Battery life in the Nexus 4 is a big concern for many, especially since the Nexus 4 isn’t designed to have a user replaceable battery. What’s inside is a 2100 mAh 3.8V battery which is 8.0 watt-hours. I had been wondering for a while what the chemical compound used in the 3.8V battery cells we’re seeing emerge was, and finally got a tad more info at least about the LG Chem approach. This is the higher voltage chemistry from LG Chem which is Lithium Cobalt Oxide (LiCoO2) based and includes electrolyte additives to prevent gas generation in the cell which affects lifetime during high temperature periods. Although getting the back off of the Nexus 4 is relatively easy and requires just removing two Torx 4 screws and prying up on the plastic, I doubt anyone is going to make a back to accommodate an extended battery due to the presence of 4 antennas which are integrated into the back cover.

The Nexus 4 incorporates wireless charging into that back alongside NFC. For wireless charging the Nexus 4 uses a TI BQ51051b wireless power Li-Ion charger receiver. I’ve been pretty remiss in looking into wireless charging and actually trying it myself, so I went ahead and bought a two-position Energizer Qi compliant charging mat.

The Nexus 4 is Qi 1.1 wireless charging forum compliant, so any charger that is Qi compliant or includes the logo will charge it. Aligning the Nexus 4 on the Energizer mat is a bit tricky since the surface is slick and angled down, and the back of the Nexus 4 is primarily glass, but it isn’t difficult after you know where to align. The Nexus 4 charges from fully discharged to completely charged in 3.033 hours on the Qi mat, which is basically the same charge time as I saw off of microUSB on a BC 1.2 charger.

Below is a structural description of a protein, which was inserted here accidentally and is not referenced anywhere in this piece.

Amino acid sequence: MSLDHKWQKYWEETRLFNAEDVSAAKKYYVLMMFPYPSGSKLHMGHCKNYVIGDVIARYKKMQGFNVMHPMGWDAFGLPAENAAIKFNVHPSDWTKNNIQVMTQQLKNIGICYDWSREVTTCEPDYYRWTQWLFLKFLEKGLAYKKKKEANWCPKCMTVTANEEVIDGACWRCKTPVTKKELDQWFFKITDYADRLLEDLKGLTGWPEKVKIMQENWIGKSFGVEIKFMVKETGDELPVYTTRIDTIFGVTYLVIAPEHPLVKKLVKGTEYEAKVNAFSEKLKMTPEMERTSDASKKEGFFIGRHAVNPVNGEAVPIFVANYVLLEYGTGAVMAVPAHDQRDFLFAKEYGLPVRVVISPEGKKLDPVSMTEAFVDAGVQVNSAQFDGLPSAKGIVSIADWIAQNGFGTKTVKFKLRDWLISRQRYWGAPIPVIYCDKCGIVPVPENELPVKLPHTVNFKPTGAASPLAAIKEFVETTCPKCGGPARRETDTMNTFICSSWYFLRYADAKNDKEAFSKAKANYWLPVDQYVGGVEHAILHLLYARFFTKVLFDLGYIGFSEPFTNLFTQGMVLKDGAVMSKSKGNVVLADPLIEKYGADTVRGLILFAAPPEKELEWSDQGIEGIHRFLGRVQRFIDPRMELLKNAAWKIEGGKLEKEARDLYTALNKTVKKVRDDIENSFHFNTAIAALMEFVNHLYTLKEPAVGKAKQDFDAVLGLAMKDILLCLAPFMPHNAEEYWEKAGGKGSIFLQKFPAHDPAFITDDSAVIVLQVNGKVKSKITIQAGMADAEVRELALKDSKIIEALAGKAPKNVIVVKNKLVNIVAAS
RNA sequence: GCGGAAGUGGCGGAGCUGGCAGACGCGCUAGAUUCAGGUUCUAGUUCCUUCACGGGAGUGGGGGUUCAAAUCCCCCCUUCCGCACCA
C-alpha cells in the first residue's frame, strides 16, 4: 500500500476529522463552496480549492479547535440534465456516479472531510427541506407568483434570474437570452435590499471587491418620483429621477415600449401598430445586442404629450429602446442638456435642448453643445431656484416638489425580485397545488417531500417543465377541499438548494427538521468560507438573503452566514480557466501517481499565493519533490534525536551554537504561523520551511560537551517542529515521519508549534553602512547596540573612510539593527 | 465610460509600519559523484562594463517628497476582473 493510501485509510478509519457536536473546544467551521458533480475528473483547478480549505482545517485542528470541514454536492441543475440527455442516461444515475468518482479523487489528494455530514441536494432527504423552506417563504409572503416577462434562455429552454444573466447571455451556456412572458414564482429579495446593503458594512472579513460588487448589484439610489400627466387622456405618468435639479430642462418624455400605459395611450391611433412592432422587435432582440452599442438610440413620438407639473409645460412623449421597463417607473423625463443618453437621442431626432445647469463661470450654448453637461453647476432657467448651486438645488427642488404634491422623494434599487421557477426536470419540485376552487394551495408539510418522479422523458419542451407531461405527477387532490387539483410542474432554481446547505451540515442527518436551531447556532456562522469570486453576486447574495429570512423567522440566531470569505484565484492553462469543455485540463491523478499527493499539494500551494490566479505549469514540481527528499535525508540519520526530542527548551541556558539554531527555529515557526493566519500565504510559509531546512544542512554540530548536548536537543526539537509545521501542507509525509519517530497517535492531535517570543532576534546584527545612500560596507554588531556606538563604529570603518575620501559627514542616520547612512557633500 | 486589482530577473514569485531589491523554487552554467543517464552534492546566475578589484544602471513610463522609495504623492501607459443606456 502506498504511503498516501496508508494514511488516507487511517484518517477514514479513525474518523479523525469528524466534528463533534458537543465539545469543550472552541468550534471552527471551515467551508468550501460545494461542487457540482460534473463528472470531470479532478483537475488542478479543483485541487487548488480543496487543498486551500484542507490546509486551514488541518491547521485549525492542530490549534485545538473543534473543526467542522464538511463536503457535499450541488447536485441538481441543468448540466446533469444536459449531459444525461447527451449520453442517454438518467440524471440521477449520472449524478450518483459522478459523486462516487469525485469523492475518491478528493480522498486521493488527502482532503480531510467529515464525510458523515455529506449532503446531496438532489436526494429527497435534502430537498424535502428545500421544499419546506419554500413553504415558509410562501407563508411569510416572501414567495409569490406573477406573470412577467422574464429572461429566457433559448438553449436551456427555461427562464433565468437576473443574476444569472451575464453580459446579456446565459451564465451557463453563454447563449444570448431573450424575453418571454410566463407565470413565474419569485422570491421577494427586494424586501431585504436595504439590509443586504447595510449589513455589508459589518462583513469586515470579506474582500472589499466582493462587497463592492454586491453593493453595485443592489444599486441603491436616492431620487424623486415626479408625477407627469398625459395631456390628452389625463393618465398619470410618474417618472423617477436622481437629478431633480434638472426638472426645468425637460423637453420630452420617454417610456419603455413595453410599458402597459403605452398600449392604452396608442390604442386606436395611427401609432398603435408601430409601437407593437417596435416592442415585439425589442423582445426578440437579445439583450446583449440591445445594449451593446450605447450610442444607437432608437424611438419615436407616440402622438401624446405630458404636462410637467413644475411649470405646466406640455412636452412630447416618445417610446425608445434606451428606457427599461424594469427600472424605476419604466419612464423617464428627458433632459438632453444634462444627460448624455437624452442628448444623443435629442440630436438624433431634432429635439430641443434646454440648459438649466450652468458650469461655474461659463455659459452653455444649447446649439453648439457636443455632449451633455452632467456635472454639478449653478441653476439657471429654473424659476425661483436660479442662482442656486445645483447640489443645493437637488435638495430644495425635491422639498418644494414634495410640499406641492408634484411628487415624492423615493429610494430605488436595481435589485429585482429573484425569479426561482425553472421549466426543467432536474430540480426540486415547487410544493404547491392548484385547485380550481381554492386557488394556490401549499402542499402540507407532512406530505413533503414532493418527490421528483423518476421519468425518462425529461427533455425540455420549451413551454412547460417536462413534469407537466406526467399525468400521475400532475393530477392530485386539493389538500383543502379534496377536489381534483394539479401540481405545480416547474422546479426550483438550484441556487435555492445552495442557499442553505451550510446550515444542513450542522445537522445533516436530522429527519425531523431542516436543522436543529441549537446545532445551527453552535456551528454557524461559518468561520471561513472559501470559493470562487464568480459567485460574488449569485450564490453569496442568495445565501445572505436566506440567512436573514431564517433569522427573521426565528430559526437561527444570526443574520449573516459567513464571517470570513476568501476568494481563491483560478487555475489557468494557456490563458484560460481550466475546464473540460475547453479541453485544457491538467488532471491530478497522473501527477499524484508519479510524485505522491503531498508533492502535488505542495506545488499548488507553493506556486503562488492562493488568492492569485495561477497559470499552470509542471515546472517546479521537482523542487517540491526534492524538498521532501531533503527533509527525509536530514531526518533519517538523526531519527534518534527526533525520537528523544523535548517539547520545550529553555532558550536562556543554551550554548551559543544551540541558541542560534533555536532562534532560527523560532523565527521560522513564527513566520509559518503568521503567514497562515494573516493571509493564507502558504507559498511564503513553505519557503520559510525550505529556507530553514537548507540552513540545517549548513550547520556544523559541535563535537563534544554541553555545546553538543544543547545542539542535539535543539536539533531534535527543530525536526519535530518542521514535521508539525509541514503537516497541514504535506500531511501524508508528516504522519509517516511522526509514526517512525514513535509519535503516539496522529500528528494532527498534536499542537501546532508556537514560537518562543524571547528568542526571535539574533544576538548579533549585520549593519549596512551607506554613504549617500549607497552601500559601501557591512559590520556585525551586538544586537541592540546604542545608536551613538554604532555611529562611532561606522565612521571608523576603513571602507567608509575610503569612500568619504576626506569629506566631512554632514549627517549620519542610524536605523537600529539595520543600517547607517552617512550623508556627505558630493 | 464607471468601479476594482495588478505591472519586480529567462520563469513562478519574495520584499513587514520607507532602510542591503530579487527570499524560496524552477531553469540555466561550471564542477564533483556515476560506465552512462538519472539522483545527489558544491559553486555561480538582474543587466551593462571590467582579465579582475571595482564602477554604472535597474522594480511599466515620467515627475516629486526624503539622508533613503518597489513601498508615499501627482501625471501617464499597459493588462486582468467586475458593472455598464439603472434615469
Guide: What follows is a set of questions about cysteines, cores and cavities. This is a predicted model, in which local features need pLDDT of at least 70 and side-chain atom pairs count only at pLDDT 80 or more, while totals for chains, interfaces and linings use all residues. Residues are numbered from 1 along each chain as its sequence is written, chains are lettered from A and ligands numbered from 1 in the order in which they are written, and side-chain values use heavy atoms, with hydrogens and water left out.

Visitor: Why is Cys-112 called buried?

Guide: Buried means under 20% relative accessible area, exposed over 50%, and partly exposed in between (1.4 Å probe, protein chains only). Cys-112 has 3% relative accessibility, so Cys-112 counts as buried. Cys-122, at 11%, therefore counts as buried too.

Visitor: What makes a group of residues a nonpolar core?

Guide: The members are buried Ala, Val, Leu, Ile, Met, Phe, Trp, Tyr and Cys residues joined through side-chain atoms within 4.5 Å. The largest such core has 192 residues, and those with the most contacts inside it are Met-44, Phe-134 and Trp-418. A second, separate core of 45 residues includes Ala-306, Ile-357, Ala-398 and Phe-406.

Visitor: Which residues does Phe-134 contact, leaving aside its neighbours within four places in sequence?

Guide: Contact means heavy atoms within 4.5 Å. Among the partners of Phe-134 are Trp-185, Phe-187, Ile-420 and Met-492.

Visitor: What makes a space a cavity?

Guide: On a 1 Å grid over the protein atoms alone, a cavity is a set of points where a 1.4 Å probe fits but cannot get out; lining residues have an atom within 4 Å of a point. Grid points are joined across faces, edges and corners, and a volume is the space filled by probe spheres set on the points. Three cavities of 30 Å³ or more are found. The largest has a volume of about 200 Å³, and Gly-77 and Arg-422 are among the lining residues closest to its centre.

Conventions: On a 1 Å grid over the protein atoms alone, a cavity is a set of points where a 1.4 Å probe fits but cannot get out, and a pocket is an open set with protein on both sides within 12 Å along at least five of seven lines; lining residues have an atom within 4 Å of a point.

In Android you’ll see Charging (Wireless) when this mode is employed. I used the Palm Pre touchstone charger a lot back in the day and saw that get pretty hot during a charge cycle. The Nexus 4 doesn’t get nearly as warm. I’ve noticed that at the top of the charge cycle you’ll see the Nexus 4 selectively draw power from the charging dock since there doesn’t seem to be an equivalent trickle charge mode or something, but this is normal.

Battery Life

I’ve had the chance to run more battery life tests on the Nexus 4, and run the cellular test a few more times. The results are quite consistent and we don’t see that result change very much at all. I’ve also added the call time test and tethering results.

We regularly load web pages at a fixed interval until the battery dies (all displays are calibrated to 200 nits as always). The differences between this test and our previous ones boil down to the amount of network activity and CPU load.

On the network side, we’ve done a lot more to prevent aggressive browser caching of our web pages. Some caching is important otherwise you end up with a baseband test, but it’s clear what we had previously wasn’t working. I’ve made sure that despite the increased network load, the baseband still has the opportunity to enter its idle state during the course of the benchmark, we’re not destroying the RRC states with too aggressive of a load time.

We also increased CPU workload along two vectors: we decreased pause time between web page loads and we shifted to full desktop web pages, some of which are very JS heavy. The end result is a CPU usage profile that mimics constant, heavy usage beyond just web browsing. Everything you do on your smartphone ends up causing CPU usage peaks - opening applications, navigating around the OS and of course using apps themselves. Our 5th generation web browsing battery life test should map well to more types of smartphone usage, not just idle content consumption of data from web pages.

As always we test across multiple air interfaces (3G, 4G LTE, WiFi), but due to the increased network load we actually find that on a given process technology we see an increase in battery life on faster network connections. The why is quite simple to understand: the faster a page is able to fully render, the quicker all components can drive down to their idle power states. All Android tests use Chrome and 5GHz WiFi unless otherwise listed.